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Bryan Morris trade analysis: Pirates drop unproductive reliever, look like clear winners

Charles LeClaire-USA TODAY Sports

The Pirates' deal with the Marlins this weekend is a trade of two unknown quantities: The No. 39 overall pick could be a star or a bust, and the book on Bryan Morris' career could be a long way from closing. Given what we know today, though, this is a steal for the Pirates.

Morris is 27 years old. He has never, to this point in his career, had a good big-league season. You might look at the ERAs (1.80 in a small sample in 2012, 3.46 in 2013, 3.80 this year) and think, "Eh, that looks decent," but that's not the right way to look at it. Look at the career 5.5 K/9 and 4.0 BB/9. Look at the career 4.33 xFIP, which suggests Morris has been a much worse pitcher than his ERAs indicate. Look at the career 4.05 SIERA, which is pretty bad for a reliever. Think of how anxious you felt every time he entered a game. Morris has been a drag on the Pirates throughout his short career.

Morris does have two things going for him. He gets ground balls, and he throws hard. That's not nothing, and that's why I didn't mind the Pirates keeping him on the roster as long as they didn't use him in high-leverage situations (which they sometimes did, unfortunately). He was an interesting project. But since he was out of options, he was basically a 27-year-old Rule 5 pick. He wasn't helping. Maybe someday he'll be productive -- he wouldn't be the first hard-throwing reliever to figure things out in his late twenties. But in the meantime, the Pirates were probably going to have to put up with more sub-replacement-level performances. With Morris gone, the Pirates added Casey Sadler to their active roster. Sadler, while not a world-beater himself, projects to be better than Morris anyway.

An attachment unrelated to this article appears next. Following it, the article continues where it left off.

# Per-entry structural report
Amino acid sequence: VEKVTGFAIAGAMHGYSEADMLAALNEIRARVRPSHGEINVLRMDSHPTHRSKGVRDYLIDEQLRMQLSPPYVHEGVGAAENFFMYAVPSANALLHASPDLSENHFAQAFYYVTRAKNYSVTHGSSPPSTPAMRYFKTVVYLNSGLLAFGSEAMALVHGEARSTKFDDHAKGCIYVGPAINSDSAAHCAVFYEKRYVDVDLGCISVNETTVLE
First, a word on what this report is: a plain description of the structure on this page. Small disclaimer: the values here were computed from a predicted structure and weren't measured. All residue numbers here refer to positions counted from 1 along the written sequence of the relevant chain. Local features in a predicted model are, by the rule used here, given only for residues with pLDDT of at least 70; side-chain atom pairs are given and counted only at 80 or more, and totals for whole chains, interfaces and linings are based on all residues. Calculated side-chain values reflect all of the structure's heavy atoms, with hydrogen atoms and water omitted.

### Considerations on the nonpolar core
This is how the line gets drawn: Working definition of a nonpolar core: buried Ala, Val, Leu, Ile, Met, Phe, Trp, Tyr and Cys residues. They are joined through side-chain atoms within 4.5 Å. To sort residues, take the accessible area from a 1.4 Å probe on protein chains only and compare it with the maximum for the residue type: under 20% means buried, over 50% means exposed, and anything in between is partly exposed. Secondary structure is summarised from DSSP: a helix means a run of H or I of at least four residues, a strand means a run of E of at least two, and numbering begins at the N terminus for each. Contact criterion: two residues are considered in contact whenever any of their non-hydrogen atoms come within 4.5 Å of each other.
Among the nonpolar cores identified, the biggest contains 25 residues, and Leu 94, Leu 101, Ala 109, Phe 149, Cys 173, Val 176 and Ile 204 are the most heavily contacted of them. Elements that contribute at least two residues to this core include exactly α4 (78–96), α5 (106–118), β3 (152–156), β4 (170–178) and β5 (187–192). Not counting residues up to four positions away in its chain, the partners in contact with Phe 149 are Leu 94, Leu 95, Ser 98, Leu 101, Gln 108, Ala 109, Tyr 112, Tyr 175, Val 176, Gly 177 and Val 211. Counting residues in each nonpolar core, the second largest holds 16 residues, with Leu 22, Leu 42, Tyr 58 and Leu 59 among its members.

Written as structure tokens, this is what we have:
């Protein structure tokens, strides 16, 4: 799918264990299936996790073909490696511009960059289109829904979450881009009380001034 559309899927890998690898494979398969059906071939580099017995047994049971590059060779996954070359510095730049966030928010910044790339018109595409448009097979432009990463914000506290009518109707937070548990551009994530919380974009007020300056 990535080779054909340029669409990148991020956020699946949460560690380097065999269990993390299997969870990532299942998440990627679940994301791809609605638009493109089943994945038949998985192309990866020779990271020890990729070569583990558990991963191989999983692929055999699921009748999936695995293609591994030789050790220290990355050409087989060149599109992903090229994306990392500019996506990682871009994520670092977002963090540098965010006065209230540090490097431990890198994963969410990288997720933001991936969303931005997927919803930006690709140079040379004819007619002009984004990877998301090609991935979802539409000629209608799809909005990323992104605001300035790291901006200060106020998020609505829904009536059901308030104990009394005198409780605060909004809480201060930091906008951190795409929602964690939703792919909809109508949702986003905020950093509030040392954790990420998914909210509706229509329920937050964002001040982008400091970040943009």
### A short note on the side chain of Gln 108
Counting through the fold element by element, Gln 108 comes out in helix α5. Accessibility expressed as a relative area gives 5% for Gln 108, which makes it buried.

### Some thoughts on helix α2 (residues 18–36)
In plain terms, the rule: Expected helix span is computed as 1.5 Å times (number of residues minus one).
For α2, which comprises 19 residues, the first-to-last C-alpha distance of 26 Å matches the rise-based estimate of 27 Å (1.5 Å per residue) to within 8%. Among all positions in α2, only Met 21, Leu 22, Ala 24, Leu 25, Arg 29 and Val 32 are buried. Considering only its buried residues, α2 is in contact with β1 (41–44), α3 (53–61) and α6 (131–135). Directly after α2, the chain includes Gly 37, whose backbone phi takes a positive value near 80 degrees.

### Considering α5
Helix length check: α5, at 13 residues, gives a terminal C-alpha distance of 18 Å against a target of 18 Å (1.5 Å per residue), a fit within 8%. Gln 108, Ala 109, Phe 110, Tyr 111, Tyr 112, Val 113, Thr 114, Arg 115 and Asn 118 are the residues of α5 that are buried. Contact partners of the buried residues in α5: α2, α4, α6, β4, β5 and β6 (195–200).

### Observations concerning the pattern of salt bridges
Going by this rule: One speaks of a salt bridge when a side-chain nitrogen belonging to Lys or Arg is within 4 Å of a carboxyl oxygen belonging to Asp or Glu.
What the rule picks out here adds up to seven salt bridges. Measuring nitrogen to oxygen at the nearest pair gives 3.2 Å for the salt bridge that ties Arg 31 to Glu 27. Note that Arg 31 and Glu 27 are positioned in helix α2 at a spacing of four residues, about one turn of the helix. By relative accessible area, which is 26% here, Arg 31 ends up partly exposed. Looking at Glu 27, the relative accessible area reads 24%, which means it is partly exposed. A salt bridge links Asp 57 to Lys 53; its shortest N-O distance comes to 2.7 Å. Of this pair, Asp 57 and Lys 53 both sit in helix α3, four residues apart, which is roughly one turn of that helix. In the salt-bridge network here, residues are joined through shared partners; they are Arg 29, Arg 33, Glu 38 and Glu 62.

And, of course, the Pirates added the No. 39 overall pick in the draft. Chances are they'll take a pitcher with that pick, and the most likely outcome is that he'll bounce around the minors for a while and maybe get a cup of coffee in the big leagues, and that will be it. But maybe he won't. This draft doesn't have a ton of obvious superstar talent at the top, but it does have lots of interesting depth -- this is a great year to have an extra early-round pick. And historically, plenty of good players have come out of the No. 35-45 range: Noah Syndergaard and Taijuan Walker in 2010; Tyler Skaggs and Garrett Richards in 2009; Lance Lynn and Wade Miley in 2008; Travis d'Arnaud, Brett Cecil, Sean Doolittle and Neil Ramirez in 2007, and so on. The Pirates have at least a reasonable shot at landing someone really good here. They also get the right to spend more money, moving their bonus pool amount from the bottom half of MLB teams to the top half.

I wasn't a big Morris fan, but this is clearly a good deal no matter how you slice it. There's still a chance for Morris to have a decent career. Maybe being in a different organization will help him. But in trading him for a pick, the Pirates are getting a much more interesting horse to bet on.